tion  pointed  to  by  (char *)  arg2.  The name can be up to 16
              bytes long, including the terminating null byte.  (If the length
              of  the  string, including the terminating null byte, exceeds 16
              bytes, the string is silently truncated.)  This is the same  at-
              tribute  that can be set via pthread_setname_np(3) and retrieved
              using pthread_getname_np(3).  The attribute is likewise accessi-
              ble via /proc/self/task/[tid]/comm, where tid is the name of the
              calling thread.

       PR_GET_NAME (since Linux 2.6.11)
              Return the name of the calling thread, in the buffer pointed  to
              by  (char *)  arg2.   The buffer should allow space for up to 16
              bytes; the returned string will be null-terminated.

       PR_SET_NO_NEW_PRIVS (since Linux 3.5)
              Set the calling thread's no_new_privs bit to the value in  arg2.
              With  no_new_privs  set  to  1,  execve(2) promises not to grant
              privileges to do anything that could not have been done  without
              the  execve(2)  call (for example, rendering the set-user-ID and
              set-group-ID mode bits, and file  capabilities  non-functional).
              Once  set, this bit cannot be unset.  The setting of this bit is
              inherited by children created by fork(2) and clone(2), and  pre-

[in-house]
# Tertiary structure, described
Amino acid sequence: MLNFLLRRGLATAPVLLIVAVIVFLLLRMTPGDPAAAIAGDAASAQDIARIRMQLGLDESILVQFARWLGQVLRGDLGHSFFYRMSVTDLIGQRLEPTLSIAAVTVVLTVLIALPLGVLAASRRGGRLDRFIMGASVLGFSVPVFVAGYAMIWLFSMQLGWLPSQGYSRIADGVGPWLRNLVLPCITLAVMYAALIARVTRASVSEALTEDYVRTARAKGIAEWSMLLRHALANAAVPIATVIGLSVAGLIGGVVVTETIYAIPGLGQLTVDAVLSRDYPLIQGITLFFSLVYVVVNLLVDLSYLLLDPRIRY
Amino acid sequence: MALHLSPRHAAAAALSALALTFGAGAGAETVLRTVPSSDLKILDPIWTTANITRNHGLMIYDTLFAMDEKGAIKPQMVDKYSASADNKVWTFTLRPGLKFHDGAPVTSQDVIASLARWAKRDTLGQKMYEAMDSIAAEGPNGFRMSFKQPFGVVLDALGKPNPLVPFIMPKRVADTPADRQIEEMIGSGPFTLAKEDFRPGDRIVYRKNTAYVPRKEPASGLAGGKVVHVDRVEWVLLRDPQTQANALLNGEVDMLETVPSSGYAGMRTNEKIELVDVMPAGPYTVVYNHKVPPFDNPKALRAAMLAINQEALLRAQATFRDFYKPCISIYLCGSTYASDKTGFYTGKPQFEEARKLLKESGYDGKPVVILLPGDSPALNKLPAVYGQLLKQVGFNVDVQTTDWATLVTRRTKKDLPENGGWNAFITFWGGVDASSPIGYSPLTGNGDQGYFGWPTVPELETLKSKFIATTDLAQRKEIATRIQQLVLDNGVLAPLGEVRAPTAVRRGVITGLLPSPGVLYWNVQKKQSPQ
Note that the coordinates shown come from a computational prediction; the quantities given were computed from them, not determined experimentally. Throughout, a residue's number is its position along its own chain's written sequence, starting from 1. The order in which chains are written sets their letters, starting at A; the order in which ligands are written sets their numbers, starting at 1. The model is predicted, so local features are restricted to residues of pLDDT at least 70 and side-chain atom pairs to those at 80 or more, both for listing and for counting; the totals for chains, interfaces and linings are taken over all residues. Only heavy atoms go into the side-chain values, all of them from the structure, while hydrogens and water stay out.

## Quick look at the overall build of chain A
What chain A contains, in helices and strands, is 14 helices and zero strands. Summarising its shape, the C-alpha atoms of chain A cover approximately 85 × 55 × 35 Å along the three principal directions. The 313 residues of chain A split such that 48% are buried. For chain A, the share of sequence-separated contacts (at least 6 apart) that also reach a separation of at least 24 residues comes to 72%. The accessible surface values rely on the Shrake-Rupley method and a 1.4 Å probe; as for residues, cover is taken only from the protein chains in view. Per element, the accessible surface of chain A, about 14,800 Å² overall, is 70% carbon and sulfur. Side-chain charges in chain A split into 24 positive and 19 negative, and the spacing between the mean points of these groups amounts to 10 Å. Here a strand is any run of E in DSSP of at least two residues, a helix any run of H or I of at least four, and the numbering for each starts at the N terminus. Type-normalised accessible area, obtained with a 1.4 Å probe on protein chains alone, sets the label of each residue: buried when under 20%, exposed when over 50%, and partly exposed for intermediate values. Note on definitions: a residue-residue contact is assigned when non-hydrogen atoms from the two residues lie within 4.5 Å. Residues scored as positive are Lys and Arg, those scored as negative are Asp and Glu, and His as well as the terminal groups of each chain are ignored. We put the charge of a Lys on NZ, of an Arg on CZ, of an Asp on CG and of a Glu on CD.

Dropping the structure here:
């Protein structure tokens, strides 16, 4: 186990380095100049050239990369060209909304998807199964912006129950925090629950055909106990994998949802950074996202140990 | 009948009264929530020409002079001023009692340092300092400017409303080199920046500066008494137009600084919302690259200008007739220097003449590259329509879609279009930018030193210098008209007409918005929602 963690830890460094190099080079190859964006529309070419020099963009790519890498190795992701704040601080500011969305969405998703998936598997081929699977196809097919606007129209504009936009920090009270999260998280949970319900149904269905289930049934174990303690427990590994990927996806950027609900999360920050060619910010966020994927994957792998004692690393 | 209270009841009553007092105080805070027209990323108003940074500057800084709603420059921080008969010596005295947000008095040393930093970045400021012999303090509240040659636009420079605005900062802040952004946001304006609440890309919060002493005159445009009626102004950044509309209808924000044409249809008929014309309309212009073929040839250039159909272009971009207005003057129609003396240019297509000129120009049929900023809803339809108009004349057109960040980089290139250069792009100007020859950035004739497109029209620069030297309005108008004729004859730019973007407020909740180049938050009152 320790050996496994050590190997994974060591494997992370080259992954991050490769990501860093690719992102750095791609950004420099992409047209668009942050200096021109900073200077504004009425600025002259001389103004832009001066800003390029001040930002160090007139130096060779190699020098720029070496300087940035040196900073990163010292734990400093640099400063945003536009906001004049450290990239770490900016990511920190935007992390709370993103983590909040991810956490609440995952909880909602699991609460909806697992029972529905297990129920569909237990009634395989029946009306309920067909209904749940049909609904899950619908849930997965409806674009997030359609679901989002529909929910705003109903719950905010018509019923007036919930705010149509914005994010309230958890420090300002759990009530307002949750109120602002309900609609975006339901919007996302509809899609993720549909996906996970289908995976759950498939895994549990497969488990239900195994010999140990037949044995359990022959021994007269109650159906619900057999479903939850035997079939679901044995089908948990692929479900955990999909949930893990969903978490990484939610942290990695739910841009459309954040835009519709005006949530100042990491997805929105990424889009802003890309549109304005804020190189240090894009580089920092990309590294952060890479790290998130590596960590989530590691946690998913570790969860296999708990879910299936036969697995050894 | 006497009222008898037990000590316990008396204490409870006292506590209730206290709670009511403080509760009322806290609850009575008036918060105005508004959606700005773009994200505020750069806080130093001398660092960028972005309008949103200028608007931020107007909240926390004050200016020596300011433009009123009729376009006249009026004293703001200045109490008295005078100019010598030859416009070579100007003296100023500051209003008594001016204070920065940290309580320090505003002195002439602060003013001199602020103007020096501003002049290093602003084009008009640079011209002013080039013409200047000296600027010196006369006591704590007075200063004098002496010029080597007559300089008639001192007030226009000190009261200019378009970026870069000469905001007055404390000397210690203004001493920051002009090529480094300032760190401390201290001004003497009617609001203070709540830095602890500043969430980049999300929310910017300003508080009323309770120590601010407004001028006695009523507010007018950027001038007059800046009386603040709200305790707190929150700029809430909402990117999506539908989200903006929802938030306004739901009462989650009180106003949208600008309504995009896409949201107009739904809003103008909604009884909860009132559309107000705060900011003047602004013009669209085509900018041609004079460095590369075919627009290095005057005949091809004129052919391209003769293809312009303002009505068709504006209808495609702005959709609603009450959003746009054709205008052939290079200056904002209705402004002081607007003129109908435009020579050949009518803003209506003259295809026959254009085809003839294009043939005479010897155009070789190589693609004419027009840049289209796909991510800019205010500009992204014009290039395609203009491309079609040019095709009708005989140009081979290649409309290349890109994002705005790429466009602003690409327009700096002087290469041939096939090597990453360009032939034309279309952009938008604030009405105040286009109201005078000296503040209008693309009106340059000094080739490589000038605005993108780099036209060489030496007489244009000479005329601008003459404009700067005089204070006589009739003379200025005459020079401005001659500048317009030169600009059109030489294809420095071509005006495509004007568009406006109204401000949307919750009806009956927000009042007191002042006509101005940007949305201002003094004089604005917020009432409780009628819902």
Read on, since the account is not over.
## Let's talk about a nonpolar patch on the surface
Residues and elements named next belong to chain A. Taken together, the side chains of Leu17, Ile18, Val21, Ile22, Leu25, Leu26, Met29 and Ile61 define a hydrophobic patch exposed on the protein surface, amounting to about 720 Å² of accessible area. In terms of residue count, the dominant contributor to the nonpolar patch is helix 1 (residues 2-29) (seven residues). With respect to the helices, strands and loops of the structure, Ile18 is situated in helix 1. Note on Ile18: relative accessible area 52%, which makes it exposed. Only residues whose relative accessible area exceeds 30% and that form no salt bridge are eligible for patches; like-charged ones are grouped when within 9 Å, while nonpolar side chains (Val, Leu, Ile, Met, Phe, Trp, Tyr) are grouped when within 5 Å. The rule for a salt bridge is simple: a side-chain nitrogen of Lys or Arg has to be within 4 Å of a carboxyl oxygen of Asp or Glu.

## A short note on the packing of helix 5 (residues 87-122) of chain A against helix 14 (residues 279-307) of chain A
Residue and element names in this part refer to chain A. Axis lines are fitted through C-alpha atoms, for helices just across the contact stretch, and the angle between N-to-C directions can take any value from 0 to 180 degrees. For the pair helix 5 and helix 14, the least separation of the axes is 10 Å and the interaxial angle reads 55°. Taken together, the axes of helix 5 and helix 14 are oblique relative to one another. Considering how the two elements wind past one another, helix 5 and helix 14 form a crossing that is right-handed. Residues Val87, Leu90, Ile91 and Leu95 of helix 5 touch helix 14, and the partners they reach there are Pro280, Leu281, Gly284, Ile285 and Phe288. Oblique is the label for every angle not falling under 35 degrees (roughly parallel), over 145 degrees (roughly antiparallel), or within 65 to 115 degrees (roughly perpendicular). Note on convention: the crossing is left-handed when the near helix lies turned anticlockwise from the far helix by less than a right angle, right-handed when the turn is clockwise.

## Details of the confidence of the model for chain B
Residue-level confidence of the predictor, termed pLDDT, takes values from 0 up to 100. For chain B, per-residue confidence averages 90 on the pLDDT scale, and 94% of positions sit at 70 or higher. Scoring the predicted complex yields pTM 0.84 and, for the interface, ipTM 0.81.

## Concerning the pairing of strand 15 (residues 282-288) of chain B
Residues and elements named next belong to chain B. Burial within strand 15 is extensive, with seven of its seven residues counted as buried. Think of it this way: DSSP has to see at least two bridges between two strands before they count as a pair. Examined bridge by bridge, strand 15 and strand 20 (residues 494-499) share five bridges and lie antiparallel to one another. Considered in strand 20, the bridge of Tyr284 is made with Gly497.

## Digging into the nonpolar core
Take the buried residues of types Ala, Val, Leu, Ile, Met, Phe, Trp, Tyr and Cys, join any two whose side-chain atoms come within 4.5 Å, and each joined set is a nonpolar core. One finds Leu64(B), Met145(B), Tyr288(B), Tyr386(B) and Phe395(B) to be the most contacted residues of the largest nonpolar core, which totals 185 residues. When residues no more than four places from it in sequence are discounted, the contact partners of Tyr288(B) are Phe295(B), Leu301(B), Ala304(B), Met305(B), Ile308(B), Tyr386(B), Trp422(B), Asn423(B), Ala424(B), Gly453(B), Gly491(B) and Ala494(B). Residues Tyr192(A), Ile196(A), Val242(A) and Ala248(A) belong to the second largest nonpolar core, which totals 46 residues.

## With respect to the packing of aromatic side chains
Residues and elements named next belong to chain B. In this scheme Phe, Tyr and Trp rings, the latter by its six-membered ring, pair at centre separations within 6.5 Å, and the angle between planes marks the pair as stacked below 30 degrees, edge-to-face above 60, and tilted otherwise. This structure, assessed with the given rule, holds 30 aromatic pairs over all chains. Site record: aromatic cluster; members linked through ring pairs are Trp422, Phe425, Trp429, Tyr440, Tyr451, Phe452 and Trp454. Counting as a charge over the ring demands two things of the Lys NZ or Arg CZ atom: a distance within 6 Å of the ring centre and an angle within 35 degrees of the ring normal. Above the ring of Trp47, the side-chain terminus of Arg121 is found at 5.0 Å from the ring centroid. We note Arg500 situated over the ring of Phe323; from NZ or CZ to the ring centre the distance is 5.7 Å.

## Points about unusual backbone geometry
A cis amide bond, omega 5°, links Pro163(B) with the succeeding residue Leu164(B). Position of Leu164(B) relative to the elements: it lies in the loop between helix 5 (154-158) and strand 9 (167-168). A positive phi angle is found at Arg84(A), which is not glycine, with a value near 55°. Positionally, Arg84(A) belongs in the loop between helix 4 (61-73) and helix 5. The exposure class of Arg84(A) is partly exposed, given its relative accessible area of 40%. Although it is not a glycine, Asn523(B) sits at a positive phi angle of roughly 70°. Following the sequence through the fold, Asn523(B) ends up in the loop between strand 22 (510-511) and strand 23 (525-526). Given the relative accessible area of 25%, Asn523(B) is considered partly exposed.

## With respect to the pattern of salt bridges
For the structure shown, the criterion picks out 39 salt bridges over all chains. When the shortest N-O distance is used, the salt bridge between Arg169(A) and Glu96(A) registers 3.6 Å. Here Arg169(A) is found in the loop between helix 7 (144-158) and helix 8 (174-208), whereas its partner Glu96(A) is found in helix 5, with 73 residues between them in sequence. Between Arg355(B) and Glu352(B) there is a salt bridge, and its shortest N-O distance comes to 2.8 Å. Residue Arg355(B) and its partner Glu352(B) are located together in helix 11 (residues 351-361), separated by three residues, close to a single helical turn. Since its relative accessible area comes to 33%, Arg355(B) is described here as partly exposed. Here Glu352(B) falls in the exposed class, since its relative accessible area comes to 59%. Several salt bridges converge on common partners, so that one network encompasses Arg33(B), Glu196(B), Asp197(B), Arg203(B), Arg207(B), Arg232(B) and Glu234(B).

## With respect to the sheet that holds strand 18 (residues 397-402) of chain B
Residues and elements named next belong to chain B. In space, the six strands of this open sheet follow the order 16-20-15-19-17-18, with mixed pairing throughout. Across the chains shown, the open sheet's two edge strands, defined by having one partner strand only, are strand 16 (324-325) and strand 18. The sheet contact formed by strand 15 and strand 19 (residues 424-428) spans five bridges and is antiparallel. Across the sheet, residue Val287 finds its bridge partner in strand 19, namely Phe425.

served across execve(2).

              Since  Linux  4.10, the value of a thread's no_new_privs bit can
              be viewed via the NoNewPrivs  field  in  the  /proc/[pid]/status
              file.

              For  more  information,  see  the  kernel source file Documenta-
              tion/userspace-api/no_new_privs.rst        (or        Documenta-
              tion/prctl/no_new_privs.txt  before  Linux 4.13).  See also sec-
              comp(2).

       PR_GET_NO_NEW_PRIVS (since Linux 3.5)
              Return (as the function result) the value  of  the  no_new_privs
              bit  for the calling thread.  A value of 0 indicates the regular
              execve(2) behavior.  A value of 1 indicates execve(2) will oper-
              ate in the privilege-restricting mode described above.

       PR_SET_PDEATHSIG (since Linux 2.1.57)
              Set  the parent death signal of the calling process to arg2 (ei-
              ther a signal value in the range  1..maxsig,  or  0  to  clear).
              This  is  the  signal that the calling process will get when its
              parent dies.  This value is cleared for the child of  a  fork(2)
              and  (since  Linux 2.4.36 / 2.6.23) when executing a set-user-ID
              or set-group-ID binary, or a binary that has associated capabil-
              ities (see capabilities(7)).  This value is preserved across ex-
              ecve(2).

              Warning: the "parent" in this  case  is  considered  to  be  the
              thread  that  created  this process.  In other words, the signal
              will be sent when that  thread  terminates  (via,  for  example,
              pthread_exit(3)),  rather  than  after all of the threads in the
              parent process terminate.

       PR_GET_PDEATHSIG (since Linux 2.3.15)
              Return the current value of the parent process death signal,  in
              the location pointed to by (int *) arg2.

       PR_SET_PTRACER (since Linux 3.4)
              This is meaningful only when the Yama LSM is enabled and in mode